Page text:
North Carolina governor-elect to push for ‘full repeal’ of controversial bathroom law

North Carolina’s governor-elect said on Monday a deal could soon bring the repeal of a state law limiting bathroom access for transgender people, following nine months of economic boycotts and protests over legislation protested as discriminatory.

Under the law adopted in March, North Carolina was the first U.S. state to ban transgender people from using government-run restrooms that match their gender identity.

The law, which catapulted the state to the forefront of U.S. culture wars over lesbian, gay, bisexual and transgender (LGBT) rights, has been blamed for hundreds of millions of dollars in economic losses and the relocation of major sporting events.

In a surprise development, incoming Governor Roy Cooper, a Democrat, said on Monday that Republican legislative leaders agreed to call a special session as soon as Tuesday to repeal the law, known as House Bill (H.B.) 2.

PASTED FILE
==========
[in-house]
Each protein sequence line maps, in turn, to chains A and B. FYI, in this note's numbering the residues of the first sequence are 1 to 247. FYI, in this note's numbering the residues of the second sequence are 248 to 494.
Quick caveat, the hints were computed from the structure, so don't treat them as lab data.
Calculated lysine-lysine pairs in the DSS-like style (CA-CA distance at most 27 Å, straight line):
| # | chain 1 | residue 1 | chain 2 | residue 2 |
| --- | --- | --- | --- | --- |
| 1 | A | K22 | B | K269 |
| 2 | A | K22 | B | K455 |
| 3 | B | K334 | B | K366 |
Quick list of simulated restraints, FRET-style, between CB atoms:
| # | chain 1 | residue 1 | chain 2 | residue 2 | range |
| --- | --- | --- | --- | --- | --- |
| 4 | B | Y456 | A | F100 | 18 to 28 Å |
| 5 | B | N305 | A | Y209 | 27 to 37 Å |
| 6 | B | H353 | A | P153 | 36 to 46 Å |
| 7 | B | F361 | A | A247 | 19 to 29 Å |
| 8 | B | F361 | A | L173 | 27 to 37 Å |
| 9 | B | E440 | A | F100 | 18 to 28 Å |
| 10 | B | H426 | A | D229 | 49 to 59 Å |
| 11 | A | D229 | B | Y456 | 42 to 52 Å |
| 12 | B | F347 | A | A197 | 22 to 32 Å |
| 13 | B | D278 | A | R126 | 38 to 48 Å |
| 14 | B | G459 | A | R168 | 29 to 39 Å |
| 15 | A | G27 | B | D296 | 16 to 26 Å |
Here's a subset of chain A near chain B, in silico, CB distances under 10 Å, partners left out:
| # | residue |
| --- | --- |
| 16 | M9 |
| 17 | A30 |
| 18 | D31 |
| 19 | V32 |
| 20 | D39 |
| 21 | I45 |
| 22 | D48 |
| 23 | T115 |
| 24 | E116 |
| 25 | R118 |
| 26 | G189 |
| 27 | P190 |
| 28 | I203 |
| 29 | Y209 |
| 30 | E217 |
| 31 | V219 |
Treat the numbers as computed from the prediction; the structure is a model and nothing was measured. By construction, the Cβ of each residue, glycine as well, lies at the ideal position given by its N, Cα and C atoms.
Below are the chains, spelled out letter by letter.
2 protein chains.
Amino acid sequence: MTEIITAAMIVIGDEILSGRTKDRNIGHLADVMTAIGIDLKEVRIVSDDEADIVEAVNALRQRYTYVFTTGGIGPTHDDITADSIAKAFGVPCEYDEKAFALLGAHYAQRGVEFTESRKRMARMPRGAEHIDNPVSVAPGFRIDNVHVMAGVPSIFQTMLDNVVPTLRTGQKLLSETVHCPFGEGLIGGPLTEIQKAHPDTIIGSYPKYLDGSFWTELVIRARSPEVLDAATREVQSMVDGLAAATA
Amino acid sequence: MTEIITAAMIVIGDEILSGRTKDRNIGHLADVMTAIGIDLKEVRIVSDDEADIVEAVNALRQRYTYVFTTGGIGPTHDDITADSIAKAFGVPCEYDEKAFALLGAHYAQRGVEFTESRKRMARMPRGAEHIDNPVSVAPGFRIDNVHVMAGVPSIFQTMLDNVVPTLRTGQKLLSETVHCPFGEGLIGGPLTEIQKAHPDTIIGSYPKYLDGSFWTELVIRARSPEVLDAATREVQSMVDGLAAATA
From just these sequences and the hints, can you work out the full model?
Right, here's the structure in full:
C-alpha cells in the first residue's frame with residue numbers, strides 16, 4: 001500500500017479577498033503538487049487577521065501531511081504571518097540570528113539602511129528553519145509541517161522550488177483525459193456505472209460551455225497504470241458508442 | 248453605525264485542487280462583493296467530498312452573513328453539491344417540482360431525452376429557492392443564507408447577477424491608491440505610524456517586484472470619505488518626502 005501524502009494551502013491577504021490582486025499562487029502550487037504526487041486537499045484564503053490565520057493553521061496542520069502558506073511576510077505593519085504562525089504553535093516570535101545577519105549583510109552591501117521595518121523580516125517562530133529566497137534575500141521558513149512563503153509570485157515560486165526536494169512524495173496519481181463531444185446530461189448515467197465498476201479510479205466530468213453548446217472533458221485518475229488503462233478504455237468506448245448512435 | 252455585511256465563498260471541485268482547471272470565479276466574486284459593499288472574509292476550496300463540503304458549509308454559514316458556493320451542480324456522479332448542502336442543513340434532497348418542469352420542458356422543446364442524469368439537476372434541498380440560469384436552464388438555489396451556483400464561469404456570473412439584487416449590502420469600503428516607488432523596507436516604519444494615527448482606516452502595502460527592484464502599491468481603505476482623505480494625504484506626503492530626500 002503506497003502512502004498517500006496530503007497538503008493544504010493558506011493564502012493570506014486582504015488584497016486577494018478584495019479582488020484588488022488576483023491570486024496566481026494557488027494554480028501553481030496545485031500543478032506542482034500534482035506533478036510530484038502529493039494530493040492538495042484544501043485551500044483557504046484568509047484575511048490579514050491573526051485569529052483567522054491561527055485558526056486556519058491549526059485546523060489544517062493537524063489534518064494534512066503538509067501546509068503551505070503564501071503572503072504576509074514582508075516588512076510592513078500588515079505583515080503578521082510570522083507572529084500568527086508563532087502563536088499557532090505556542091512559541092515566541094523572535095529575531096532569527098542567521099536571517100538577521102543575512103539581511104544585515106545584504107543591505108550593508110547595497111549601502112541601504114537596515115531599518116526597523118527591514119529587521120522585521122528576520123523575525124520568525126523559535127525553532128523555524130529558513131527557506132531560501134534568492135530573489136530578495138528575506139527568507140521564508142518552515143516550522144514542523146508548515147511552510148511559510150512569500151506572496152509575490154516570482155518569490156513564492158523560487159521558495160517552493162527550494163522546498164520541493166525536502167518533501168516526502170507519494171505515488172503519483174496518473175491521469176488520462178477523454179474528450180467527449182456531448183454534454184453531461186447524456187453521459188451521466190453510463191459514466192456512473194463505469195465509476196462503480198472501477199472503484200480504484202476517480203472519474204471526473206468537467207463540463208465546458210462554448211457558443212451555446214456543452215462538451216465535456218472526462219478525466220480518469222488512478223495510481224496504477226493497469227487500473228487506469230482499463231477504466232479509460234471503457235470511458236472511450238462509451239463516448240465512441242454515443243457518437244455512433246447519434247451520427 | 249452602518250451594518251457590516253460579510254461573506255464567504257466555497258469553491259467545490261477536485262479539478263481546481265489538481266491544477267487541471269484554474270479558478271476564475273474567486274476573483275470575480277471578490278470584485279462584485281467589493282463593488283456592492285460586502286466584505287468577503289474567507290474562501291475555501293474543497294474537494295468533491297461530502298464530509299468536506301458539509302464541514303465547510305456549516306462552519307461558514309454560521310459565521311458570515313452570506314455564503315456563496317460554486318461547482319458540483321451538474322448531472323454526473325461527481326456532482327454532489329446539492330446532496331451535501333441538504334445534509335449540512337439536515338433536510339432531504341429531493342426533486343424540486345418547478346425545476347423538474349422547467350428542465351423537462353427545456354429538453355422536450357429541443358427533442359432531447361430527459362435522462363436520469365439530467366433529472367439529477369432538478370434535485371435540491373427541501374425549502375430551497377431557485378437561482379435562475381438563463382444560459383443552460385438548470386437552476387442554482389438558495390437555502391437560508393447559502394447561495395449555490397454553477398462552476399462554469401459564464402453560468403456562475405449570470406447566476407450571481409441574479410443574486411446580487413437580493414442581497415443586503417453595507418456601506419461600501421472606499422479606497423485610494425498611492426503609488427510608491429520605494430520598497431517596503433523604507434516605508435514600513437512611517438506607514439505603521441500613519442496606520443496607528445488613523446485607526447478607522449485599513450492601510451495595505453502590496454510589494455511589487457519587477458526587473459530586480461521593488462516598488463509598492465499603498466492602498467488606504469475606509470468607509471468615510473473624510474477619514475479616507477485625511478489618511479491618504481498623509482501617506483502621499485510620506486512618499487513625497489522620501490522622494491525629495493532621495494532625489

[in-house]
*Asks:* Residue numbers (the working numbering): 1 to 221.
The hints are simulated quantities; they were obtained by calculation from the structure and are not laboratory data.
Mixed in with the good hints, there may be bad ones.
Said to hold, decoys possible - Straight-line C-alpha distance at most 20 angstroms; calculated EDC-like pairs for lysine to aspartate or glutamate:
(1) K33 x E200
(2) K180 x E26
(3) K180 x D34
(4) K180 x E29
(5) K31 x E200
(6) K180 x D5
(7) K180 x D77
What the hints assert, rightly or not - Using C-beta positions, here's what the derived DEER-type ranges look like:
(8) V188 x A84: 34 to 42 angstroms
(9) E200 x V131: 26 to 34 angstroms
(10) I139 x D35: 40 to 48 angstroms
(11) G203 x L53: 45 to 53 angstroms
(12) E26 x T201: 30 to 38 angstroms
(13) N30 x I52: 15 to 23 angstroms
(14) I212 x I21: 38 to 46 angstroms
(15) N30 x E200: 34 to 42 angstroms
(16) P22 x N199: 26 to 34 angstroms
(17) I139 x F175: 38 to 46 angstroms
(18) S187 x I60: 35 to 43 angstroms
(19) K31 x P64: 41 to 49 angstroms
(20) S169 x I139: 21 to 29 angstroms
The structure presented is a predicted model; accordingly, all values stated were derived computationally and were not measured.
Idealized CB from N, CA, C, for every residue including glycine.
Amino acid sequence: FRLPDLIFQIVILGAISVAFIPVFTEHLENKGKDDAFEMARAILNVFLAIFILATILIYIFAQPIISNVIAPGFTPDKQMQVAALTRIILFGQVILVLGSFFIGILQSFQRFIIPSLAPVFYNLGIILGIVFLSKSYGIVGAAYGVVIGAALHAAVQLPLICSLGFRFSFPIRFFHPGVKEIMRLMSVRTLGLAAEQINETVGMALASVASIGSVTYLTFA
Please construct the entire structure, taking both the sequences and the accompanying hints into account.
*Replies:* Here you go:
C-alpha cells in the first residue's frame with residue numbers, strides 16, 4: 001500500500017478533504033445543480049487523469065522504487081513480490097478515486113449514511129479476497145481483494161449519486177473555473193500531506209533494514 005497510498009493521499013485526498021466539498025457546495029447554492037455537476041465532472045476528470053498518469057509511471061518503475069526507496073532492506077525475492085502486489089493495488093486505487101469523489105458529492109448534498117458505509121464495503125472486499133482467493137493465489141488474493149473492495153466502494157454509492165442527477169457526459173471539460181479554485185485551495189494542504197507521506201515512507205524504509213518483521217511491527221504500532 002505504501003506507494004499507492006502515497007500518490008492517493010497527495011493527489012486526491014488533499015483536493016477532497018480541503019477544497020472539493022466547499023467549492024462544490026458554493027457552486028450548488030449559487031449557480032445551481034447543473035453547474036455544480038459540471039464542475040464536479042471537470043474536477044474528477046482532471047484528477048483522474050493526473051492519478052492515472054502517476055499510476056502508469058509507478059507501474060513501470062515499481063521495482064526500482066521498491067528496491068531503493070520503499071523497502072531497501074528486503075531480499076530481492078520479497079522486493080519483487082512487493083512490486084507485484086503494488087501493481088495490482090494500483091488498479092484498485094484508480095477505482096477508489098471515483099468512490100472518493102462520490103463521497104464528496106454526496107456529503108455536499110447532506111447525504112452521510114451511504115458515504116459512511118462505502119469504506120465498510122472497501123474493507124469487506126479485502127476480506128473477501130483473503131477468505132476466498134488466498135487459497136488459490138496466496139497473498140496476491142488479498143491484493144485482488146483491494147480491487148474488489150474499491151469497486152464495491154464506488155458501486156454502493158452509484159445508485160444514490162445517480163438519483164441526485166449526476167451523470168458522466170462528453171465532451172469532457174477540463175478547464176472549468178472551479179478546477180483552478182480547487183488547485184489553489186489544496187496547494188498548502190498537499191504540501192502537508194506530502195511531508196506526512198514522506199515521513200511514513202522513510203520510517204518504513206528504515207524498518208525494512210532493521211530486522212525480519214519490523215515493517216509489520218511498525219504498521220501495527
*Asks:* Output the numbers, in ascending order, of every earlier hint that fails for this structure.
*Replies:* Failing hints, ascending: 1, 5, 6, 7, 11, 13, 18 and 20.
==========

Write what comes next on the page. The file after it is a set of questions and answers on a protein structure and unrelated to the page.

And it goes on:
“I hope they will keep their word to me,” Cooper said in a statement. “Full repeal will help to bring jobs, sports and entertainment events back and will provide the opportunity for strong LGBT protections in our state.”

Earlier on Monday, the city council in Charlotte, the state’s largest city, voted to remove local non-discrimination measures that triggered the state’s bathroom legislation. The city this year added protections for marital and familial status, sexual orientation, gender expression and gender identity.

Noting that state law pre-empted their efforts, city council members urged the state legislature to repeal HB 2 immediately.

Groups advocating for LGBT rights praised the prospective repeal, despite misgivings about how it came about.

“This will be an important step for North Carolinians to move forward, but it never should have come at the cost of protections for LGBT people living in Charlotte,” said Sarah Gillooly, policy director for the American Civil Liberties Union of North Carolina, one of the groups challenging the law in federal court.

Leave a Reply

Your email address will not be published. Required fields are marked *